A Comfortable Life?

In June, the Pope Center released a paper by Jay Schalin measuring the teaching loads of faculty in the University of North Carolina system. His report, which  sampled a variety of classes at four UNC universities, indicated that faculty spend considerably less time teaching than system estimates claimed—between 2.07 and 2.72 courses per semester, compared with  the official estimate of 3.37 courses per professor per semester.

Recently, economist Andrew Gillen unearthed historical data from the National Postsecondary Faculty Survey that back up this claim. Gillen’s findings are, if anything, more pessimistic than Schalin’s because they show a significant decline over time.

As indicated in the table, Schalin used two different methods to estimate the number of courses taught per semester. Method 1 counted each course, regardless of the number of students enrolled. Method 2, a more stringent measurement, counted only courses with at least 3 students enrolled.

UNC Faculty Workloads

Gillen showed that average course loads dropped dramatically from 1988 to 2004. Gillen believes that faculty are giving up teaching time to have more time for research. Looking at the national data more closely, we find in the first graph below that the problem of declining course loads has spread to every type of institution—from research universities to community colleges.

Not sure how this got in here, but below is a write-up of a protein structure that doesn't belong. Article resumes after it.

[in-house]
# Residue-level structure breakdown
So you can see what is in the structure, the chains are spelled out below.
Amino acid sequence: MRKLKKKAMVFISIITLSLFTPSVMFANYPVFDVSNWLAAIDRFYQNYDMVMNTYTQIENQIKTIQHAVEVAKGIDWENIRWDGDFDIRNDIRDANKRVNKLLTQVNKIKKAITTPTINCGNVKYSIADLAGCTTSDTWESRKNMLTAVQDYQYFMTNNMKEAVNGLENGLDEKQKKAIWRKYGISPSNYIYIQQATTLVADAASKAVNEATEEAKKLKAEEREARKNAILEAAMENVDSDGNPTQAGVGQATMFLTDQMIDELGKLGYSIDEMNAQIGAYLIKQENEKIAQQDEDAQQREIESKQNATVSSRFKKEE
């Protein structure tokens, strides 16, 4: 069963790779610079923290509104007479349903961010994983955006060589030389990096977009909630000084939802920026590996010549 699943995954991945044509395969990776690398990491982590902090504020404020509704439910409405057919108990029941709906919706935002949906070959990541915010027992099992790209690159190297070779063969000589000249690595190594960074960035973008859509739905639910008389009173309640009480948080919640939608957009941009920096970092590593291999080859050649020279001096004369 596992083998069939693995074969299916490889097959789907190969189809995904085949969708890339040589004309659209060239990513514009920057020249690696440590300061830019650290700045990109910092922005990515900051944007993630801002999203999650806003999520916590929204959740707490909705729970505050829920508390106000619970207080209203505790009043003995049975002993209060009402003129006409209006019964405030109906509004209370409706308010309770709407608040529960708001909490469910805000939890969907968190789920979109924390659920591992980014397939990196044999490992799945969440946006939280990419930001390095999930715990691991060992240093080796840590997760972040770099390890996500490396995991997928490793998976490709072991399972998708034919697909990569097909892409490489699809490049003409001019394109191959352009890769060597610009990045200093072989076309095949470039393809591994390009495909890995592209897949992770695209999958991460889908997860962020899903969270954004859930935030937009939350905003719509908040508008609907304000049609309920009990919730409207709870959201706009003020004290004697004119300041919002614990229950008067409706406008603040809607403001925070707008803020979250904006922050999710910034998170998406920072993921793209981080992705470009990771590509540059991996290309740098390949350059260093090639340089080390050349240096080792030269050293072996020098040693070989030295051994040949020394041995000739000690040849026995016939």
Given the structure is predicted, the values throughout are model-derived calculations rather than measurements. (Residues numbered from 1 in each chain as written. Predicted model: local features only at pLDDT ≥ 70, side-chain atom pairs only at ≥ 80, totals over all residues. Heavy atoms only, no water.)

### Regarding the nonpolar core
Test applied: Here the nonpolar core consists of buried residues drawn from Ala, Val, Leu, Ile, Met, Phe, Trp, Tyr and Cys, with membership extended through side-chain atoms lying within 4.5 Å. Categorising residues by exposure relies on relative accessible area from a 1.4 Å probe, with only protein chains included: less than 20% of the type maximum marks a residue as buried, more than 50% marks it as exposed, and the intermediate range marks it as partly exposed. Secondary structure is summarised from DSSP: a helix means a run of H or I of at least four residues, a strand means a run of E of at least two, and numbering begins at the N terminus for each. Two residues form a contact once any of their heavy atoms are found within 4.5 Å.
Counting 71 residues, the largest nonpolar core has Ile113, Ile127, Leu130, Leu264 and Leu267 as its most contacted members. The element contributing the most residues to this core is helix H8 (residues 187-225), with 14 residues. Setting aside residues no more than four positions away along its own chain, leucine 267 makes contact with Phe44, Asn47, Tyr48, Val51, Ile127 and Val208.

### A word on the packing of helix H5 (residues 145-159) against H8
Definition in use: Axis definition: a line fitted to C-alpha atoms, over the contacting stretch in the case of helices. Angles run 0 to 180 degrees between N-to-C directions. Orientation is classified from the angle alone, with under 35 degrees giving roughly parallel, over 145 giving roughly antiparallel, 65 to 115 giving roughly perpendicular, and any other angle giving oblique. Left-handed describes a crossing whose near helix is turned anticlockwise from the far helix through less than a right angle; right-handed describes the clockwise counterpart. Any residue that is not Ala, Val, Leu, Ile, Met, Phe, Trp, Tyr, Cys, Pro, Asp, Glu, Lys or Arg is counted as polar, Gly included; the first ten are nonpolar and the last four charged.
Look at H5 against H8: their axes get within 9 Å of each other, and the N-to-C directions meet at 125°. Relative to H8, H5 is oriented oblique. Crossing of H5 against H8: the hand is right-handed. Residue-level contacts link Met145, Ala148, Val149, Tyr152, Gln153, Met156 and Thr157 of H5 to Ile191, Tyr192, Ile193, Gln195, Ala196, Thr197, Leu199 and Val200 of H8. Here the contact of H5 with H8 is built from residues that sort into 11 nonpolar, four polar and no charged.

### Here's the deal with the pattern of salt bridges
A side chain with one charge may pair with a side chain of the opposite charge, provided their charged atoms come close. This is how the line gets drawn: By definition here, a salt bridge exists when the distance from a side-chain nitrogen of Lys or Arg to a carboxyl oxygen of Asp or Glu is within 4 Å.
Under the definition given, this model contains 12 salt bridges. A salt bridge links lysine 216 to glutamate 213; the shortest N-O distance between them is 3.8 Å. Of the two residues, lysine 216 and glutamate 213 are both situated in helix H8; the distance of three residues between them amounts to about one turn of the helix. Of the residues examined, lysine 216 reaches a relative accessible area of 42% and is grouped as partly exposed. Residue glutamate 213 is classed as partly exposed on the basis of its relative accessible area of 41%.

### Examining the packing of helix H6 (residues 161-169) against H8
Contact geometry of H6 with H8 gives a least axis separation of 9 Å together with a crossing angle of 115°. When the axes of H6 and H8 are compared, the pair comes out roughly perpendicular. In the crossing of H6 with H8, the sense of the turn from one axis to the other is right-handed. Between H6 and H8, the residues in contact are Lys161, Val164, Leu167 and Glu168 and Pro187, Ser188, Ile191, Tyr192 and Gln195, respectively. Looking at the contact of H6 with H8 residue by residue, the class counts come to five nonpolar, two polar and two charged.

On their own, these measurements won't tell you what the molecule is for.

For example, at research universities in 1988, the teaching load was 2.75 courses per professor per semester, on average. That figure fell to 1.6 in 2004.

Faculty Workloads by Institution Type

The decline may be worse than shown here. Changing definitions in the faculty survey from year to year make it difficult to quantify the problem and may explain the unusual pattern of the data (with teaching loads decreasing in every year except 1999).  In some years, the data include both “for-credit” and “non-credit” courses in the estimate, whereas in other years only “for-credit” courses are counted. There are also other changes that make comparisons difficult.

The one piece of good news is that course loads are slightly higher at public universities, where taxpayers foot the bill for low teaching loads, than at private ones. However, course loads are declining across both public and private universities, as the chart below shows.

Faculty Workloads: Public v Private

In addition to showing the decline in course loads over time, the National Study of Postsecondary Faculty reveals course loads on a regional basis. In 2004, average workloads at public four-year institutions in the Southeast were 2.5 courses per professor per semester. This is very close to the figures that Jay Schalin calculated.

One cannot help but agree with economist Richard Vedder, who wrote in his 2004 book Going Broke by Degree, “Very significant savings in instructional costs are possible from increasing teaching loads.”